Playing around with GenFu

In the past I used NBuilder (by Gareth Down) to create test data for my unit tests, demos and UI mock-ups. I really liked NBuilder, I used it for many years and I wrote about it in my old blog (ger) and in the dotnetpro (a German .NET magazine)

Unfortunately NBuilder is not compatible with .NET Core and there was no new release since 2011. Currently I play around with ASP.NET 5 and .NET Core, so compatibility to .NET Core and the latest dotnet platform standard is needed.

Good I attended the MVP Summit 2015 and the Hackaton at the last day, because I heard about GenFu, written by James Chambers, David Paquette and Simon Timms. They used that Hackathon to move this library to .NET Core. I did the same with LightCore at the same event.

GenFu also was a test data generator with some more features than NBuilder. GenFu includes some random data generators to create real looking data.

"GenFu is a library you can use to generate realistic test data. It is composed of several property fillers that can populate commonly named properties through reflection using an internal database of values or randomly created data. You can override any of the fillers and give GenFu hints on how to fill properties."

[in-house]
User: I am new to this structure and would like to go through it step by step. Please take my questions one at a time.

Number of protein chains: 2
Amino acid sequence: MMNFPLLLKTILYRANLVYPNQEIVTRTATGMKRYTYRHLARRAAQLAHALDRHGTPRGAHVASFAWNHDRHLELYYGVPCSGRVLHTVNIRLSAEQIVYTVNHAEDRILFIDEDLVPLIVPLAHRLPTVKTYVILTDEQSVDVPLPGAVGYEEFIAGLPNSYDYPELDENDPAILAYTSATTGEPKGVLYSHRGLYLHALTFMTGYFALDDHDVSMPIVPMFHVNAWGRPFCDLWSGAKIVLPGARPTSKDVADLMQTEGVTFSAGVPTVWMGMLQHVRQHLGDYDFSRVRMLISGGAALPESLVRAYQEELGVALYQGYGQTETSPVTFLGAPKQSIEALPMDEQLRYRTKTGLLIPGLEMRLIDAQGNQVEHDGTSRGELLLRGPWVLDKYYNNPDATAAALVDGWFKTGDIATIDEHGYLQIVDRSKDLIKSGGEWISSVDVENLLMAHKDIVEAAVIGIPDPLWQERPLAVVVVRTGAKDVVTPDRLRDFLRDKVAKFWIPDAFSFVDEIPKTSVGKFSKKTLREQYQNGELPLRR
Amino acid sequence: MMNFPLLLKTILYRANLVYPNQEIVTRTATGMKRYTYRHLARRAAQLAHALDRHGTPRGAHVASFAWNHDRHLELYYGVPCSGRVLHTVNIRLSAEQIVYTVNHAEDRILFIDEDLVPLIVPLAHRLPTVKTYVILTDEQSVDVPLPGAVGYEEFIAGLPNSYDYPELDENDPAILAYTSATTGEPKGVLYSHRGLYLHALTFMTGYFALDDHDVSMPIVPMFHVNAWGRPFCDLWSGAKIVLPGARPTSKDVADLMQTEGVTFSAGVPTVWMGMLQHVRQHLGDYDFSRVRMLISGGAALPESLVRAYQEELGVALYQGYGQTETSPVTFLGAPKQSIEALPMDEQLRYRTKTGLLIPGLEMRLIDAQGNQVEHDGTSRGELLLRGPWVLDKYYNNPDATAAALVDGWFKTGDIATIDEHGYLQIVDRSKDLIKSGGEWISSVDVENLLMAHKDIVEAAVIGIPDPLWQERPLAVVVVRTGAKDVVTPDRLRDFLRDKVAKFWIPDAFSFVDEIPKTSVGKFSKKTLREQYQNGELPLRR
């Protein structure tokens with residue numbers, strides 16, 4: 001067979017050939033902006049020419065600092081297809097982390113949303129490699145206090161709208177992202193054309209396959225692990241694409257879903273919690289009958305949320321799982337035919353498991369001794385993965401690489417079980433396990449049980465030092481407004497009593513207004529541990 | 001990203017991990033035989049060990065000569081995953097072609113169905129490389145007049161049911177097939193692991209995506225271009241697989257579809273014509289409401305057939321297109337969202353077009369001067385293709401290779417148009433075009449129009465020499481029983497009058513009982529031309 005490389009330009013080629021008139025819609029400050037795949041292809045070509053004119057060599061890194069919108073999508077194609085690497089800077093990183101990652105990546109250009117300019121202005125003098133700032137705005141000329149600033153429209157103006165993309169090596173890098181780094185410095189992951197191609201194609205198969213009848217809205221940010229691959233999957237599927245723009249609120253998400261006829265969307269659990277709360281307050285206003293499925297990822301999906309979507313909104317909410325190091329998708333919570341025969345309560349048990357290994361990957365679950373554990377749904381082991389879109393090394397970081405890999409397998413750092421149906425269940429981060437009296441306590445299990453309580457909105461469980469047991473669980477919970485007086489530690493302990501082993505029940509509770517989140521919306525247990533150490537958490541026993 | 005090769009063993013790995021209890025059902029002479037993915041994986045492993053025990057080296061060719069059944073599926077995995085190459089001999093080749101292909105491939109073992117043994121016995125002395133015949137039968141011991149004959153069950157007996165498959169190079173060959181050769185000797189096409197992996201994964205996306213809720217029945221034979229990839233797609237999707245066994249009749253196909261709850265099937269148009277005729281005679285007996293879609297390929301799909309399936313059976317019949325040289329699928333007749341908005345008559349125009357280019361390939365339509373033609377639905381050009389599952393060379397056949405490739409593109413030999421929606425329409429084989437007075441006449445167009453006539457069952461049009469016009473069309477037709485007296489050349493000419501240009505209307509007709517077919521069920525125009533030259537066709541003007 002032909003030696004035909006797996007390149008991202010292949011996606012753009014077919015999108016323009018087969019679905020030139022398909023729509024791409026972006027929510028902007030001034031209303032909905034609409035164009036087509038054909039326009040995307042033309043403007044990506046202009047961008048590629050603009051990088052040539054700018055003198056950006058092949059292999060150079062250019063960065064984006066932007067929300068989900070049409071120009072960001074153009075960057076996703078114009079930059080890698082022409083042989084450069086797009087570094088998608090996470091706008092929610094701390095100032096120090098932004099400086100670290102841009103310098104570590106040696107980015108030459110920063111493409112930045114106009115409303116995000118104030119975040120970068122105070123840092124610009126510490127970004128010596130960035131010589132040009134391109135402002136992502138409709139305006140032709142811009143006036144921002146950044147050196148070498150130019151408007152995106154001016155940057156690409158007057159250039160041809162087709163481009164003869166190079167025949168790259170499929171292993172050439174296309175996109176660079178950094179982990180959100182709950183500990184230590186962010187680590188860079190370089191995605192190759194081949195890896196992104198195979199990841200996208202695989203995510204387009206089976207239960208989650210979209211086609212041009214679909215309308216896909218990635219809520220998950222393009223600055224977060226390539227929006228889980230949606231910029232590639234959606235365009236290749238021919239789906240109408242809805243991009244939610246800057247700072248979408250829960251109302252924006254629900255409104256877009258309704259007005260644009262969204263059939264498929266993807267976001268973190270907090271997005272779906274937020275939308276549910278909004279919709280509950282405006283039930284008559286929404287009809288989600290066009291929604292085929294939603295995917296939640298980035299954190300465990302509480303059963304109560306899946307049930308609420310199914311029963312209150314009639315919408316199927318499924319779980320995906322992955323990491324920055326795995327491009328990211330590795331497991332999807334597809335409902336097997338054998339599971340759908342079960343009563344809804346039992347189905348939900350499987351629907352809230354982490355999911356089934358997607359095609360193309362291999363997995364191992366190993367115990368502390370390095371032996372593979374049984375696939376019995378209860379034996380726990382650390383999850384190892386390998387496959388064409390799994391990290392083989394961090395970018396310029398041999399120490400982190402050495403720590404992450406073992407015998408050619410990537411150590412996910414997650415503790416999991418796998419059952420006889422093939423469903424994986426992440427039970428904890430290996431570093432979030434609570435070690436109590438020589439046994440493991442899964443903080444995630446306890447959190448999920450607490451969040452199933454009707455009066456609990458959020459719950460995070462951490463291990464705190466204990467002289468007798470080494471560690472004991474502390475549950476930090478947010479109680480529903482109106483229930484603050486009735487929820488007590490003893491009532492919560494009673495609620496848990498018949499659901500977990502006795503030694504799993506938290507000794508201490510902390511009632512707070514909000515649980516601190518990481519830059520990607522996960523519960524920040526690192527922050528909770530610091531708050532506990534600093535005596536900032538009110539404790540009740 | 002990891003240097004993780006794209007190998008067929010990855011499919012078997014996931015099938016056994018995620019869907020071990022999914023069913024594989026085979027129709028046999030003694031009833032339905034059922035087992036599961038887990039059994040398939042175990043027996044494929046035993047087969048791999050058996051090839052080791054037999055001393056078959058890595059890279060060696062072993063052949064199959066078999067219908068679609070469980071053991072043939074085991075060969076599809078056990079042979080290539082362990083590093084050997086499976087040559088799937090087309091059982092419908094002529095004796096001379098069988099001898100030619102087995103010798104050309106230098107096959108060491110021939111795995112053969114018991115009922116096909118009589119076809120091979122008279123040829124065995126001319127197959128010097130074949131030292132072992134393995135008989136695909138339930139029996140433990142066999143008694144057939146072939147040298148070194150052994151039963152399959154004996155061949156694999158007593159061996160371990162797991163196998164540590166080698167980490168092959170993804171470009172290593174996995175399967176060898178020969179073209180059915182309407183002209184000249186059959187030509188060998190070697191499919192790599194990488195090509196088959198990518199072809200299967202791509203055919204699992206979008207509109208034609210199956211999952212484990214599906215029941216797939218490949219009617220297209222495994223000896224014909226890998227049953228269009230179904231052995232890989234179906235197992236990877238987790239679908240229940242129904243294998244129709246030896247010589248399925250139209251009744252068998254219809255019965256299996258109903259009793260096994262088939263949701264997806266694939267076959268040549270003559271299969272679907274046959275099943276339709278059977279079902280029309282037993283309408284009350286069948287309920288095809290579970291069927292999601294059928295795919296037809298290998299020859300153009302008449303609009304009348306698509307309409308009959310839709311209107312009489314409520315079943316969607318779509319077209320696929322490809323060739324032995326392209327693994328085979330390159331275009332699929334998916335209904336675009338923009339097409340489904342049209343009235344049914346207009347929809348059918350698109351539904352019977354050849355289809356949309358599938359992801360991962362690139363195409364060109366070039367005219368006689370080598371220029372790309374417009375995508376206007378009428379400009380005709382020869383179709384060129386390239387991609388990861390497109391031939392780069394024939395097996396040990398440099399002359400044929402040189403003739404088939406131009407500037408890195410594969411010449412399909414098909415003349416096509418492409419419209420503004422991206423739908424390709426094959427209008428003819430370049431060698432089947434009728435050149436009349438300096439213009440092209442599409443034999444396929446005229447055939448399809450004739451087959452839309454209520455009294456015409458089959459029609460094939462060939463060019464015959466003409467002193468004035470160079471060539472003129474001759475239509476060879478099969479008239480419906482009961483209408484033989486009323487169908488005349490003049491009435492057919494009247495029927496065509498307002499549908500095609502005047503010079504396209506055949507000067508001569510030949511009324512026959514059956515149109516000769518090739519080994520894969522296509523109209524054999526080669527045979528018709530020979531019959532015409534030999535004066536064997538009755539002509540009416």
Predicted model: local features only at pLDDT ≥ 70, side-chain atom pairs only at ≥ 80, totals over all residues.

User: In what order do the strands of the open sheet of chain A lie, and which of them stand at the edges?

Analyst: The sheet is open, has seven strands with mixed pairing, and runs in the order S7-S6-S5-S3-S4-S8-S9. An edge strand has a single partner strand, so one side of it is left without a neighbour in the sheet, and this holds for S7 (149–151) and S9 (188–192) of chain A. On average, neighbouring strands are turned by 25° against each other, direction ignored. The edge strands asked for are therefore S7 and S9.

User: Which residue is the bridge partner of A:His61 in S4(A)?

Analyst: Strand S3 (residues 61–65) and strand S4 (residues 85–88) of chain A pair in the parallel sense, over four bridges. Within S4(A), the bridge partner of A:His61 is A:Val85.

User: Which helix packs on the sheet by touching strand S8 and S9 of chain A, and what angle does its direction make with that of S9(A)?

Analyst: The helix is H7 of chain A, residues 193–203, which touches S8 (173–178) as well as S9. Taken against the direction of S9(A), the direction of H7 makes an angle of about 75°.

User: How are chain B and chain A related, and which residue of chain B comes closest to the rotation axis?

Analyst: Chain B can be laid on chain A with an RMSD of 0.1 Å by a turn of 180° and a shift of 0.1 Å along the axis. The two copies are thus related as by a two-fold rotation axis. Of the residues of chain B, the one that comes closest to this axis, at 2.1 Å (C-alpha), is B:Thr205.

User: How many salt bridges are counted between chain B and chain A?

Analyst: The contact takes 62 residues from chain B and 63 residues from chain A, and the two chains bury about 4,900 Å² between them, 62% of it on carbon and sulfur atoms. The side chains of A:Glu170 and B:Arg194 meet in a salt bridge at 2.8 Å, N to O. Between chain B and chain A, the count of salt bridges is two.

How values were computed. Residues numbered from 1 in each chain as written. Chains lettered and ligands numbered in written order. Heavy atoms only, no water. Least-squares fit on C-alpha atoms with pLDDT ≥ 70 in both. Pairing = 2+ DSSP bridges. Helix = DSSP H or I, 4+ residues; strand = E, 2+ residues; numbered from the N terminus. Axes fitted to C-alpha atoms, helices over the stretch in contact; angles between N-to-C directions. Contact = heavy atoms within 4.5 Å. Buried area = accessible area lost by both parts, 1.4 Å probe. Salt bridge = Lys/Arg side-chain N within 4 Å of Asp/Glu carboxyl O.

PM> Install-Package GenFu

To learn more about GenFu, I need to play around with it. I did this by writing a small ASP.NET 5 application which shows us user groups and their meetings and speakers and their topics. I also pushed that application to GitHub. So let me show what I found while playing around:

Setup the project

I created a new ASP.NET Core 1 web application (without the authentication stuff) and added "GenFu": "1.0.4" to the dependencies in the project.json.

After that I created a set of types like UserGroup, Lead, Meeting, Speaker and so on.

E. g. the UserGroup looks like this:

public class UserGroup
{
    public Guid Id { get; set; }
    public string Name { get; set; }
    public string Description { get; set; }
    public IEnumerable<Leader> Leaders { get; set; }
    public DateTime Founded { get; set; }
    public int Members { get; set; }
    public IEnumerable<Meeting> Meetings { get; set; }
}

Using GenFu

Let's start creating a List of user groups to show on the start page. Like NBuilder, GenFu is using a fluent API to create the a single instance or a list of a specific type:

var userGroup = A.New<UserGroup>();

var usergroups = A.ListOf<UserGroup>(20);

The second line of code generates a List of 20 user groups. The DateTime, Guid and String properties are already filled with randomly created values.

What I want to have is a list with some more real looking data. The good thing about GenFu is, it already includes some sample data and a pretty cool fluent API to configure the types:

A.Configure<UserGroup>()
    .Fill(x => x.Members).WithinRange(10, 250)
    .Fill(x => x.Name).AsMusicGenreName()
    .Fill(x => x.Description).AsMusicGenreDescription()
    .Fill(x => x.Founded).AsPastDate();

The configuration needs to be done before retrieving the list or the single object. The result now is much better than before: